The purpose of this site is to gather high-quality online media literacy teaching resources and to encourage teachers to incorporate media literacy into their curricula.

Objectives of digital media literacy instruction

To teach students to

  • question sources,
  • draw evidence-based conclusions,
  • demand proof to support claims,
  • overcome cognitive dissonance, and
  • develop the Habit of Mind of metacognition.

Links to providers of media literacy instruction are listed on the "Instructional Tools" page.

Background Reading

"You're not going to believe what I'm about to tell you" A comic about cognitive dissonance and the backfire effect.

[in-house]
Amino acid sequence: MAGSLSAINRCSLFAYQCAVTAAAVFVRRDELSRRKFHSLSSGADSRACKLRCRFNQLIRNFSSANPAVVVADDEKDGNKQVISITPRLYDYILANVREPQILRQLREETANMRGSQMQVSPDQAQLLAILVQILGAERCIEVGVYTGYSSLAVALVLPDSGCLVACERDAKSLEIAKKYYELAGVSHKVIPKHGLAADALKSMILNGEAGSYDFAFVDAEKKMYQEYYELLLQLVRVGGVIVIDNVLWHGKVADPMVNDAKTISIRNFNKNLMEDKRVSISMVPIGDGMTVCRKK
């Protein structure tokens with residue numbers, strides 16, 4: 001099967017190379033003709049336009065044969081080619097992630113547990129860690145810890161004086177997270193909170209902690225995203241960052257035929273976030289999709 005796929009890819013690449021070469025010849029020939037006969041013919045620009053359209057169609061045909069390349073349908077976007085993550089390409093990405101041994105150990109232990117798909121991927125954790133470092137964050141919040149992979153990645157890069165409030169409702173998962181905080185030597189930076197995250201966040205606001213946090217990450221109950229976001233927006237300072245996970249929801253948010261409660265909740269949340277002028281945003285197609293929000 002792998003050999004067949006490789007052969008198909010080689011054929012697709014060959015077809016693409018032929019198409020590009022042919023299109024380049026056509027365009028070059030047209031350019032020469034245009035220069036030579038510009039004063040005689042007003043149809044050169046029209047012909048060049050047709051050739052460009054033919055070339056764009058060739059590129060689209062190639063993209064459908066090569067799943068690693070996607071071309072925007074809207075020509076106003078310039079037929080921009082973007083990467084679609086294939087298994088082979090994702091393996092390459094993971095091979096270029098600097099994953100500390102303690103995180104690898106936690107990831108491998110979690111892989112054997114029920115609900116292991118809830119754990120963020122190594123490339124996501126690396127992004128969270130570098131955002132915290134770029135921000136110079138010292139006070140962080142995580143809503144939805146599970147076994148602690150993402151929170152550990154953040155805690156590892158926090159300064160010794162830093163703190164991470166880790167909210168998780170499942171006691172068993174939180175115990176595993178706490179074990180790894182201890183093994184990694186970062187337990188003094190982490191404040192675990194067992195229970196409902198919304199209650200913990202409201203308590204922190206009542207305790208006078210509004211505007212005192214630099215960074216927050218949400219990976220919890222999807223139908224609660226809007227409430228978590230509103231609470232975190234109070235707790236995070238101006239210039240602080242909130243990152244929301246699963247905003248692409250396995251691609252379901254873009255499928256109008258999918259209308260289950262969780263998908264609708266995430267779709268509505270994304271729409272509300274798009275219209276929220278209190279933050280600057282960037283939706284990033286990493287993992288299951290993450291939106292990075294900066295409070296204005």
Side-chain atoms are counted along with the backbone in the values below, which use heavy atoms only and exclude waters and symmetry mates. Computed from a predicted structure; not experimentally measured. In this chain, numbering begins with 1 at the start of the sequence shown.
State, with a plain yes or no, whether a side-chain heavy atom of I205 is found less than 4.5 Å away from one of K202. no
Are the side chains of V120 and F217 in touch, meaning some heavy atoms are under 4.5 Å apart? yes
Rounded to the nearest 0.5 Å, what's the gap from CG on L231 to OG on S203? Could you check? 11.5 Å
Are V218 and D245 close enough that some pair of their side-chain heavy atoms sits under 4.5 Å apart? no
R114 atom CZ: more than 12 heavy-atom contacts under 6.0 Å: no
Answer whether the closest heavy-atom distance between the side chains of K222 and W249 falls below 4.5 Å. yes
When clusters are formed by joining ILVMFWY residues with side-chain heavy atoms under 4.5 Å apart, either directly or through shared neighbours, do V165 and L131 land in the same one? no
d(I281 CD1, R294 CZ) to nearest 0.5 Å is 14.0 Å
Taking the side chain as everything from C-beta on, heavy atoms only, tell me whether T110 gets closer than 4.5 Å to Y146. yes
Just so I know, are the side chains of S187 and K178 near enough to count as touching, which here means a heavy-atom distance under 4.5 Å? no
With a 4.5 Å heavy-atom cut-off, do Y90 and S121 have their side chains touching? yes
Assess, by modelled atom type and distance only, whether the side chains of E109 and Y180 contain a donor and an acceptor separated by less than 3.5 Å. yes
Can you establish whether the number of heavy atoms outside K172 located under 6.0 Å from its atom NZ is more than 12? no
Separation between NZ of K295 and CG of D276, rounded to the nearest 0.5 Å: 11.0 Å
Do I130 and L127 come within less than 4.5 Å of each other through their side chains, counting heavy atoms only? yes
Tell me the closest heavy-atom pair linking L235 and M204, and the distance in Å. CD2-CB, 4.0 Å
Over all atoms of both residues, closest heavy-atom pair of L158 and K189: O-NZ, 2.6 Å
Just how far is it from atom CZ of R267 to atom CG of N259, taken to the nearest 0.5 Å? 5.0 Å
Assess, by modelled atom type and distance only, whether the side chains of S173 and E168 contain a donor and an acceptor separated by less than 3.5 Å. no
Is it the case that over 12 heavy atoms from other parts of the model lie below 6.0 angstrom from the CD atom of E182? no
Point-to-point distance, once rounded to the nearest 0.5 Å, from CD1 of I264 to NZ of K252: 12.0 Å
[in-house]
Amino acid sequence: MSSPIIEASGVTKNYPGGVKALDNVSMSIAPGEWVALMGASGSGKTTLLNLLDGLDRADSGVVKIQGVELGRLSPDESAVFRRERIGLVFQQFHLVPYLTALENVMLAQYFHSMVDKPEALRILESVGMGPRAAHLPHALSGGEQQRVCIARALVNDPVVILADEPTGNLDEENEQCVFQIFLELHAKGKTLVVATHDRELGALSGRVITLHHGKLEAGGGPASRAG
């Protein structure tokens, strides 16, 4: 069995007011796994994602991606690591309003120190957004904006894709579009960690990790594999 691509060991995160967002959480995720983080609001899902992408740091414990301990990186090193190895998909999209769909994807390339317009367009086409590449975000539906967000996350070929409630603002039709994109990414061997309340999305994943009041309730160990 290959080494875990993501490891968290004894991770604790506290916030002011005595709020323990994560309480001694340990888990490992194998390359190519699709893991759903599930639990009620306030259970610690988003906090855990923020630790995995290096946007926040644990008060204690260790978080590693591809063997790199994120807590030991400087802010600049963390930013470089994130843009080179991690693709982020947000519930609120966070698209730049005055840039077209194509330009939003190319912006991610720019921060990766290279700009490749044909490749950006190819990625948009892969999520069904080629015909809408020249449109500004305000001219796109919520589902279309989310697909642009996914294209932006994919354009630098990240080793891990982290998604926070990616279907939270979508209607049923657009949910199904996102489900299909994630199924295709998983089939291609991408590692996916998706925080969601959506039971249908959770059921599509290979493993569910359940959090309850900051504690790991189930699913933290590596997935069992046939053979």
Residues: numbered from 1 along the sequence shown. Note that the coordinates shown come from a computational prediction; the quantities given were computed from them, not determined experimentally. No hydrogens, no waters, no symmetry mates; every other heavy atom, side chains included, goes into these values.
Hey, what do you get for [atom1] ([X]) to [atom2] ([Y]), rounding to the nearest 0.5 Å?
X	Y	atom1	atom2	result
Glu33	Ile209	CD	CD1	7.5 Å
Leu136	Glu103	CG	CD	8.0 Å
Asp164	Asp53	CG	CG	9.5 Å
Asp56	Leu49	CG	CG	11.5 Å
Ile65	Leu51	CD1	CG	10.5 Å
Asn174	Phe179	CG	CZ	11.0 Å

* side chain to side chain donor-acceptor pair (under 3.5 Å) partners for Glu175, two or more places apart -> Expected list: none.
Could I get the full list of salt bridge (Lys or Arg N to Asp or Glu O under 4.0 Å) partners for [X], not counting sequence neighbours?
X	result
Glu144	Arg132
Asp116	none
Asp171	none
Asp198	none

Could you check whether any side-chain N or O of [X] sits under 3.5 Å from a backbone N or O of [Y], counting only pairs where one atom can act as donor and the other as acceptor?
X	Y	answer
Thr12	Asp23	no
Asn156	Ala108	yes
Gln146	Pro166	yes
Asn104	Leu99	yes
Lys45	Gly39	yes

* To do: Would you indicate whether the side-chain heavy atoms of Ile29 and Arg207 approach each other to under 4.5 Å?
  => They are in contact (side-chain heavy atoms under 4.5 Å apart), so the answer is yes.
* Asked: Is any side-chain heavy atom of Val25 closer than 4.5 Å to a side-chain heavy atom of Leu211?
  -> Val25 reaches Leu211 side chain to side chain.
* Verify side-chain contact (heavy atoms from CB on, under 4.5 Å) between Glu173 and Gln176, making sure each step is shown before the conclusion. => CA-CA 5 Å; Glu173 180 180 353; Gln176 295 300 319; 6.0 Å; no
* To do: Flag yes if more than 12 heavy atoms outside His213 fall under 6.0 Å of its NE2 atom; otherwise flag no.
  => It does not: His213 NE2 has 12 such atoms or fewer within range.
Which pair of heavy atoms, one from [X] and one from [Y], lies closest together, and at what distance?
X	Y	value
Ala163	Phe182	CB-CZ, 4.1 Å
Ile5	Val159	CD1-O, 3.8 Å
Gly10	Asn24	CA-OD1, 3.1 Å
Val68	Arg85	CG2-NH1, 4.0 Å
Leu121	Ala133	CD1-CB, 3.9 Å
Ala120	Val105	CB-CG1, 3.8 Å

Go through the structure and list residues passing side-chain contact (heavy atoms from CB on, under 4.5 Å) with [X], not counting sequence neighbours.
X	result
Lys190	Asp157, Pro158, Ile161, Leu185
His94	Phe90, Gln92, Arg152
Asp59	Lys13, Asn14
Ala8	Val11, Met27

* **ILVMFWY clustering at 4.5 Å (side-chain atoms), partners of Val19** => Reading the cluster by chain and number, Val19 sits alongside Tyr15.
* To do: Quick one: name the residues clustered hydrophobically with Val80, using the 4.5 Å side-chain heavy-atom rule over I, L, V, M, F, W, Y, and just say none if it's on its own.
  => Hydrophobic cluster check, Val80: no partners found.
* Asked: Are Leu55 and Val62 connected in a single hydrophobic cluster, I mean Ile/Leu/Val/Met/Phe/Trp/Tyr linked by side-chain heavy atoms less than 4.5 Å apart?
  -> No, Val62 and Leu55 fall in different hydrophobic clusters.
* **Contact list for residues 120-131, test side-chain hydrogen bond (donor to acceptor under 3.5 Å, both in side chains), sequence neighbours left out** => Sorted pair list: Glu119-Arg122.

What is fake news?

"Moon Shot: Race, a Hoax, and the Birth of Fake News" by Kevin Young, The New Yorker

"How to Fight "Fake News" in a Post-Truth Environment" by Jillian Kestler-D'Amours, Aljazeera

"What Is Fake News? Its Origins and How It Grew in 2016" by James Carson, The Telegraph

What is its history?

"Ben Franklin Used Fake News" by Jeff Nilsson, The Saturday Evening Post

"Below the Belt" by Stephen T. Early, The Saturday Evening Post (retrieved via EBSCO)

The Russian Connection

"How Russia's Disinformation Campaign Could Extend Its Tentacles" by Vera Zakem, Commentary, National Public Radio

"Fake News in Reality" by Robert Schlesinger, Opinion, US News and World Report.

Committee members: Melinda Buterbaugh, Lauren Gordon Ruderman, Richard Mandl, Lourdes Ramos Quevedo

Updated: October 13, 2017